Aliens!

Nov. 3rd, 2009 10:13 pm
captpackrat: (Bunny Butt)
Why do all aliens end up either being humans (weird forehead optional) or hideous bug/reptile/monster creatures?  Why don't we get more alien bunnies like Quozl or Redeeming Factors?
captpackrat: (Books)
Borders is having another deal where you can get a $5 gift certificate for every $50 you spend in store or on borders.com, though October 31st.  You have to be a Borders Rewards member, of course, but signing up is free.
captpackrat: (Books)
[Error: unknown template qotd]I have an Amazon Kindle, so I always have an entire library worth of books, magazines and newspapers wherever I go.  On the off chance I should actually manage to read all 150 or so books I have on it, I can always download more.
captpackrat: (Bunny morning)
Lapism isn't a religion in the usual sense, there's no specific deity to be worshiped, no teachings on the afterlife and no divinely inspired holy book.  There is no clergy, no idols or icons, no proselytizing, no tithing and no formal prayers.  Rather it's a form of transhumanism, a movement that uses science and technology to improve humanity.  Lapists have their bodies genetically transformed into anthropomorphic rabbits.  The alteration isn't merely cosmetic, the changes include modifications to the brain to reduce aggression and increase sociability.  The rabbit form also acts as social reinforcement; people expect a rabbit to be peaceful and gentle so that stereotype and peer pressure help insure that this remains true.  The transformation is quite expensive (the actual price isn't mentioned in the stories, but from various comments I'm guessing it's in the $100,000+ range) and while it is reversible, the process to be returned to human form is substantially more expensive.


Now the question I put to you, dear readers, is would you undergo such a procedure?

You would have a new body, shaped like a humanoid rabbit, with fur and claws and buck teeth, with increased strength, speed and agility, improved senses of smell and hearing and faster reaction times.  On the other hand, your brain would be altered, slightly tweaking your fight-or-flight response towards fleeing and increasing your need for physical contact with other Lapists (hugging, snuggling, etc).  You would also be strictly limited to a vegetarian diet, the mere thought of eating meat would make you ill.  You would also likely be forced into considerable debt to pay for the transition.  You would then have to wear this new form for the rest of your life, with people stereotyping you and judging you and your actions based on it.  You'd even be expected to take a new name.  And it's lapine only, you'd have no other choice in species.

Would you go through with it?

Lapism

Sep. 9th, 2009 12:18 am
captpackrat: (Bunny morning)
The problem with reading books is often make believe is better than the real world.

I'm in the middle of reading The First Book of Lapism (an excellent book, BTW, one I highly recommend) and I could so totally see myself becoming a Lapist.  Too bad such a religion doesn't actually exist, I think it would make the world a better place.

The book (which is actually 4 separate stories) is available online (but if you like it, buy the book and support the author):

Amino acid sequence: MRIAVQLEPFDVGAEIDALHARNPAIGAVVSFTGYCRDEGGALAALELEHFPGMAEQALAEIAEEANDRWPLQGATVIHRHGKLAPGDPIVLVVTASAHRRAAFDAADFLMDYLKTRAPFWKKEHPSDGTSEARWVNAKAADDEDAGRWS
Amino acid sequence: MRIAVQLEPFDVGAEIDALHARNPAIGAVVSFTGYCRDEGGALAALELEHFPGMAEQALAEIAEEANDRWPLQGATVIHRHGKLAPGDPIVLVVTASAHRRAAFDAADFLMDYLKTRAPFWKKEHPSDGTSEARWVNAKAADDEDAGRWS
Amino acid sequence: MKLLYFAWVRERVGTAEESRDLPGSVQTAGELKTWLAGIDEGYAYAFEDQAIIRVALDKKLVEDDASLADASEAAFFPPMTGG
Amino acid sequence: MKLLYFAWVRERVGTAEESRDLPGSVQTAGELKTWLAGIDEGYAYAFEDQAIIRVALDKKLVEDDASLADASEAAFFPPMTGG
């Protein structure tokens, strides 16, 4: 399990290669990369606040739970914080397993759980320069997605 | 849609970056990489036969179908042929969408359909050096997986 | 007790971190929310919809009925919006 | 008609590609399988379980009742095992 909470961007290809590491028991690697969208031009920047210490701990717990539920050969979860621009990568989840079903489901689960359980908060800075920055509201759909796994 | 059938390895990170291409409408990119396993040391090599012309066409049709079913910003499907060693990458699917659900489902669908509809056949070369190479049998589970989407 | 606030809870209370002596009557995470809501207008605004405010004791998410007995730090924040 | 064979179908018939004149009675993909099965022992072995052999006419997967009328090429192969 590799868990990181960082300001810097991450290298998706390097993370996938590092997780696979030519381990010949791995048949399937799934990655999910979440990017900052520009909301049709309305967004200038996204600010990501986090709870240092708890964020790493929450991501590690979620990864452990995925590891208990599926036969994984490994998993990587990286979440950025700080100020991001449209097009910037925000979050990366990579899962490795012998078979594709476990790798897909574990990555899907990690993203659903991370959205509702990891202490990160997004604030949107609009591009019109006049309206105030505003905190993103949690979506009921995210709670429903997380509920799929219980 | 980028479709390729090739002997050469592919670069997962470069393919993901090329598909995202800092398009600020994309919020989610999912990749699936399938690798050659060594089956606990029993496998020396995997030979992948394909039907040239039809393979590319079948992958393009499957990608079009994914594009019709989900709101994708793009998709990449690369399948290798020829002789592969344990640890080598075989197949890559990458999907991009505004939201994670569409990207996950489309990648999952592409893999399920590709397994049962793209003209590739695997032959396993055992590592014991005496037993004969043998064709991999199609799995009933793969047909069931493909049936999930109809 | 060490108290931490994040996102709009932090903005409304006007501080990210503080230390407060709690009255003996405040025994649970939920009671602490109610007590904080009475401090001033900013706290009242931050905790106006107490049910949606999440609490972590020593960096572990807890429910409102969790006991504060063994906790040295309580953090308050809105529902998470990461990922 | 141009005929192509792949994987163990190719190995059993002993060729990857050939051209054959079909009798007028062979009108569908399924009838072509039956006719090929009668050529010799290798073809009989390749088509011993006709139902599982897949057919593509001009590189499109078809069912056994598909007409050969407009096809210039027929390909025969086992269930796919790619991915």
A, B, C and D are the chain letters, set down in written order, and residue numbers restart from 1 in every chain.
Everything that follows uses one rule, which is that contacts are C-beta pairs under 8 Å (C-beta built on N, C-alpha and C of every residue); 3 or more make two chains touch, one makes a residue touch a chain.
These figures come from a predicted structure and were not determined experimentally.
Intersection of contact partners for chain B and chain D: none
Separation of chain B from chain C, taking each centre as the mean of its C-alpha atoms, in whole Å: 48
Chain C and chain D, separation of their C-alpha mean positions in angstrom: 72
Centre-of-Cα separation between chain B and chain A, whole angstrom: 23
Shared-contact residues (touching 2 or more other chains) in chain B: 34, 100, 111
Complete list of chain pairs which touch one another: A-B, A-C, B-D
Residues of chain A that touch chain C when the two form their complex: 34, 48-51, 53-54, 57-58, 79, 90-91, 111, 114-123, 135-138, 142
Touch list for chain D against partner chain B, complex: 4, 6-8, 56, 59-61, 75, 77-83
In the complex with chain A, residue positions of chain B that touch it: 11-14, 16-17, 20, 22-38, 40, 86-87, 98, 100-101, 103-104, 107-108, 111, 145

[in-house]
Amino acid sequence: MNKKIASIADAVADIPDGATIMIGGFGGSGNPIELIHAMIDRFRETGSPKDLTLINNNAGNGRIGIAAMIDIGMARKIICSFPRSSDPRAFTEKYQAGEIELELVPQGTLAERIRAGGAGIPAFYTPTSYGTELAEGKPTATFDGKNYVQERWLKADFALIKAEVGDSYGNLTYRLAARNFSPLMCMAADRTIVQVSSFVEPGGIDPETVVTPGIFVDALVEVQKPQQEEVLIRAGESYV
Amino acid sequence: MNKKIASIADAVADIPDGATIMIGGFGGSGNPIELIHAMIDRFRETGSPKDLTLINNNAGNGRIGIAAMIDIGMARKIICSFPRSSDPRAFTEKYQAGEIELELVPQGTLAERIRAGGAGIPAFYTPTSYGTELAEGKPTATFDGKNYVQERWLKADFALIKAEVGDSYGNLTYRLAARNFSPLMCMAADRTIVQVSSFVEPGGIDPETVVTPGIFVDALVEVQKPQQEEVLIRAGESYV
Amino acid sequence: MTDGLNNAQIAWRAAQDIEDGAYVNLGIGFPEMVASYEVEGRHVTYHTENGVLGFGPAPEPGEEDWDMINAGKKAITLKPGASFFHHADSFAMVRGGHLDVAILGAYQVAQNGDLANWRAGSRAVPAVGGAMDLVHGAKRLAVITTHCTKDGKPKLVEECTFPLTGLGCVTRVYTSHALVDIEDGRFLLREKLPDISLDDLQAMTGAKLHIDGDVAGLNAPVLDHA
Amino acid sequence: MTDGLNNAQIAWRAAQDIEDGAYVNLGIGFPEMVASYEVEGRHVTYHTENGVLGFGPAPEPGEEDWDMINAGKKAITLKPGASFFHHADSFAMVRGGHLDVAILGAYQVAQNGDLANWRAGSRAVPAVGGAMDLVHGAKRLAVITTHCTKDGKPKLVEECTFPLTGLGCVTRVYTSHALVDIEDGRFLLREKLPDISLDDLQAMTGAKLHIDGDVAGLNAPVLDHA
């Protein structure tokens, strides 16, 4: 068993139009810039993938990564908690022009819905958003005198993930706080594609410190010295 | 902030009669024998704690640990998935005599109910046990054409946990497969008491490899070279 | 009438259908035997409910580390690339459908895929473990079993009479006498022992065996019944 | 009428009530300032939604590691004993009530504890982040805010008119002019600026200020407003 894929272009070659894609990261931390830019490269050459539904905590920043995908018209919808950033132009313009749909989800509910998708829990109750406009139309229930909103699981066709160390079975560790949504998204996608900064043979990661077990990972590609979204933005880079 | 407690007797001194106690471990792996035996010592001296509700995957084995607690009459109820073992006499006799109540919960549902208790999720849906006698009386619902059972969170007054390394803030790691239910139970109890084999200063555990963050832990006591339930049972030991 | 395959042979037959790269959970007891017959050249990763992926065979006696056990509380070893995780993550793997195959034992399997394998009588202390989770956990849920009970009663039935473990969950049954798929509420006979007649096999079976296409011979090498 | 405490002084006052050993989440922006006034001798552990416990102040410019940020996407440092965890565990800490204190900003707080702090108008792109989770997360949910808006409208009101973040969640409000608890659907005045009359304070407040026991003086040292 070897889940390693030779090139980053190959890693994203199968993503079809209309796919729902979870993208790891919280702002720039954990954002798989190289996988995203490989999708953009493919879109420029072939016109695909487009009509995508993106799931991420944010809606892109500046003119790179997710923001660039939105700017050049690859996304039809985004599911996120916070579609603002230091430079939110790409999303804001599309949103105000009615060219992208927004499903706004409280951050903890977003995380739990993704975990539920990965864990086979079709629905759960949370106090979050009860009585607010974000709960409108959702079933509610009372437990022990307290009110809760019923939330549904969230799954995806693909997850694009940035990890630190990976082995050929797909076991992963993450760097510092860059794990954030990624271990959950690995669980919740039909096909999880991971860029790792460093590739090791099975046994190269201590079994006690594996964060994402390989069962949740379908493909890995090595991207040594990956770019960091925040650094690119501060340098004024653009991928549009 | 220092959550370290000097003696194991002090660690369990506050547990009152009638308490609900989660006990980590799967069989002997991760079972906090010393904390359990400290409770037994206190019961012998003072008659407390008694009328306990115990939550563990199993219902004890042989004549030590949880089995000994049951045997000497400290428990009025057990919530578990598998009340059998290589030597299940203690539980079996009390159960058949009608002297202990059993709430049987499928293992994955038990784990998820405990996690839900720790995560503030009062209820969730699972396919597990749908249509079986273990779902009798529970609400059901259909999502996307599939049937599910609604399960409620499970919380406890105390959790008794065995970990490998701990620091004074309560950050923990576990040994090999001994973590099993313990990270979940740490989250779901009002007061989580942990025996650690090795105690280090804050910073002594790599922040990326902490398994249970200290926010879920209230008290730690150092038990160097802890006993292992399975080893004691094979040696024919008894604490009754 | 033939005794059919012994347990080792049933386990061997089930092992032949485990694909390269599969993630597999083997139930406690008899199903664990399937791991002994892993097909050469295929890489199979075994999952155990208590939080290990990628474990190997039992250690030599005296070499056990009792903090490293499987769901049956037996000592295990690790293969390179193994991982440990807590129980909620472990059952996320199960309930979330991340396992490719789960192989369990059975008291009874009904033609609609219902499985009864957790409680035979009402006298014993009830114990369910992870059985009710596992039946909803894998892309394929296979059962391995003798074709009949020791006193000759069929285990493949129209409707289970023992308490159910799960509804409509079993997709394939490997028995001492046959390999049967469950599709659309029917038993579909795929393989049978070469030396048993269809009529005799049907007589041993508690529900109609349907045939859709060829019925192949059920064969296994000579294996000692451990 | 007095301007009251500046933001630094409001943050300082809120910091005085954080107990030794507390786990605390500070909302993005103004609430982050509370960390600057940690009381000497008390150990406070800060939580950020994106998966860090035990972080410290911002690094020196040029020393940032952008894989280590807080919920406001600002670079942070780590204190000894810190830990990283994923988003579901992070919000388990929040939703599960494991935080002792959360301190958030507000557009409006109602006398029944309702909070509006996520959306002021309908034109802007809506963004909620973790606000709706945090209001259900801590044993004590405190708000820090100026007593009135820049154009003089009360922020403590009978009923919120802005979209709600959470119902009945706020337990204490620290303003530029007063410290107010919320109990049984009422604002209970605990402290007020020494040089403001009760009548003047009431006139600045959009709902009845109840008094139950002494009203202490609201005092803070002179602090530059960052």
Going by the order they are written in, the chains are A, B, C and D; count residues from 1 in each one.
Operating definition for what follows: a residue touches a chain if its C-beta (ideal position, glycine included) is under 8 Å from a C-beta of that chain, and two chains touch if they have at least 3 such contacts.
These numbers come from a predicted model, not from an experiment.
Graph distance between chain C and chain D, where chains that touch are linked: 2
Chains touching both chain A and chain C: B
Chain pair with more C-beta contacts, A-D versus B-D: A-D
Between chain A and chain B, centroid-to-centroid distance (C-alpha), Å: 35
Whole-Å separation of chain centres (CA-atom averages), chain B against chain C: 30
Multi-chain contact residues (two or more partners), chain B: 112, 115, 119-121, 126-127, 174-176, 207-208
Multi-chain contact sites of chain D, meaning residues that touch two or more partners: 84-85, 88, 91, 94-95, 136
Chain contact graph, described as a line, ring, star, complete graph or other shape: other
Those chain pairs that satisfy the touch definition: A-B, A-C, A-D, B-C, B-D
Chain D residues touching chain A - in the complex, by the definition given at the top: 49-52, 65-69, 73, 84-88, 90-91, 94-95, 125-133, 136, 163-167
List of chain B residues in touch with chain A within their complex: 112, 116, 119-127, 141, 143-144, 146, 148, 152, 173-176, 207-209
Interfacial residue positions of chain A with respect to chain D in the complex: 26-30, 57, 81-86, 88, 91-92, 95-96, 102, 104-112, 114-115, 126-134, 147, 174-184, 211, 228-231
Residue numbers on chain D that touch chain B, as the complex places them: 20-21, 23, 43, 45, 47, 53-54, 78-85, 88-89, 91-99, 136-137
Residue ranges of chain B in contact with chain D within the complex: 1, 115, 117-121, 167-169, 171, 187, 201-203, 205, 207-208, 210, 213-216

Drama Class
Full Immersion
Schism
In the Beginning
Prodigal Son (not in the book)
captpackrat: (Memetic Hazard)
Grab the book nearest you. Right now.
  • Turn to page 56.
  • Find the fifth sentence.
  • Post that sentence and these instructions.
  • Don't dig for your favorite book, the coolest, the most intellectual. Use the CLOSEST book.


"To see just how much of a difference expenses can make in the growth of an investment, compare Vanguard 500 Index which charges a mere .18 percent to the actively managed ABN AMRO Growth C large-cap growth fund with a weighty 1.88 percent." 

--Coach Yourself to Success  by Joe Moglia.
captpackrat: (Gadget Spacesuit)
The best Haynes Manual ever.
captpackrat: (TIME:  In Rod We Trust)
Pride and Prejudice and Zombies: The Classic Regency Romance - Now with Ultraviolent Zombie Mayhem!

Product Description
"Pride and Prejudice and Zombies" features the original text of Jane Austin's beloved novel with all-new scenes of bone crunching zombie action.

What Do Customers Ultimately Buy After Viewing This Item?
56% buy the item featured on this page: Pride and Prejudice and Zombies: The Classic Regency Romance - Now with Ultraviolent Zombie Mayhem!
14% buy The Cook's Illustrated How-to-Cook Library: An illustrated step-by-step guide to Foolproof Cooking

Kindle 2

Feb. 27th, 2009 05:18 pm
captpackrat: (Evil Geniuses)
I probably shouldn't have, but I ordered the Kindle 2.  I didn't expect it to ship as fast as it did; when I ordered the original Kindle, it was backordered for months.  I got this one just a couple weeks after they started taking pre-orders.

The new version is much thinner, like iPod thin.  The keyboard is more streamlined (and Apple-like) and the side buttons are smaller and pivot inwards instead of outwards, making them harder to press by mistake (a common complaint with the Kindle 1).  The back is stainless steel and non-removable (another common complaint about the Kindle 1 was the flimsy battery cover), but this means the battery is not user-replaceable (Apple Apple Apple!).  Storage has been increased from 128 Megs to 2 Gigabytes, however the SD card slot (located inside the battery door on the Kindle 1) has been eliminated.  The screen is slightly bigger and has been upgraded from 4 shades of gray to 16; you can really see the difference when you place the two side by side with the same image.  The scroll wheel and weird shiny silver scroll bar have been replaced with a joystick; instead of highlighting entire lines, you can select specific words.  The built-in dictionary is now automatic, you just select the word you want defined using the joystick and it displays the definition at the bottom of the screen.  The new Kindle offers stereo speakers and a text-to-speech function that actually sounds close to human; it still has a problem with pacing, however.  The new Kindle is MUCH faster than the old version, which is especially noticeable when searching through a large library.  The new Kindle gets an improved cover lock system that actually works, however the cover is no longer included with the Kindle.  Charging is done through a standard micro-USB cable and a computer or a USB power adaptor (the Kindle 1 required a dedicated power plug).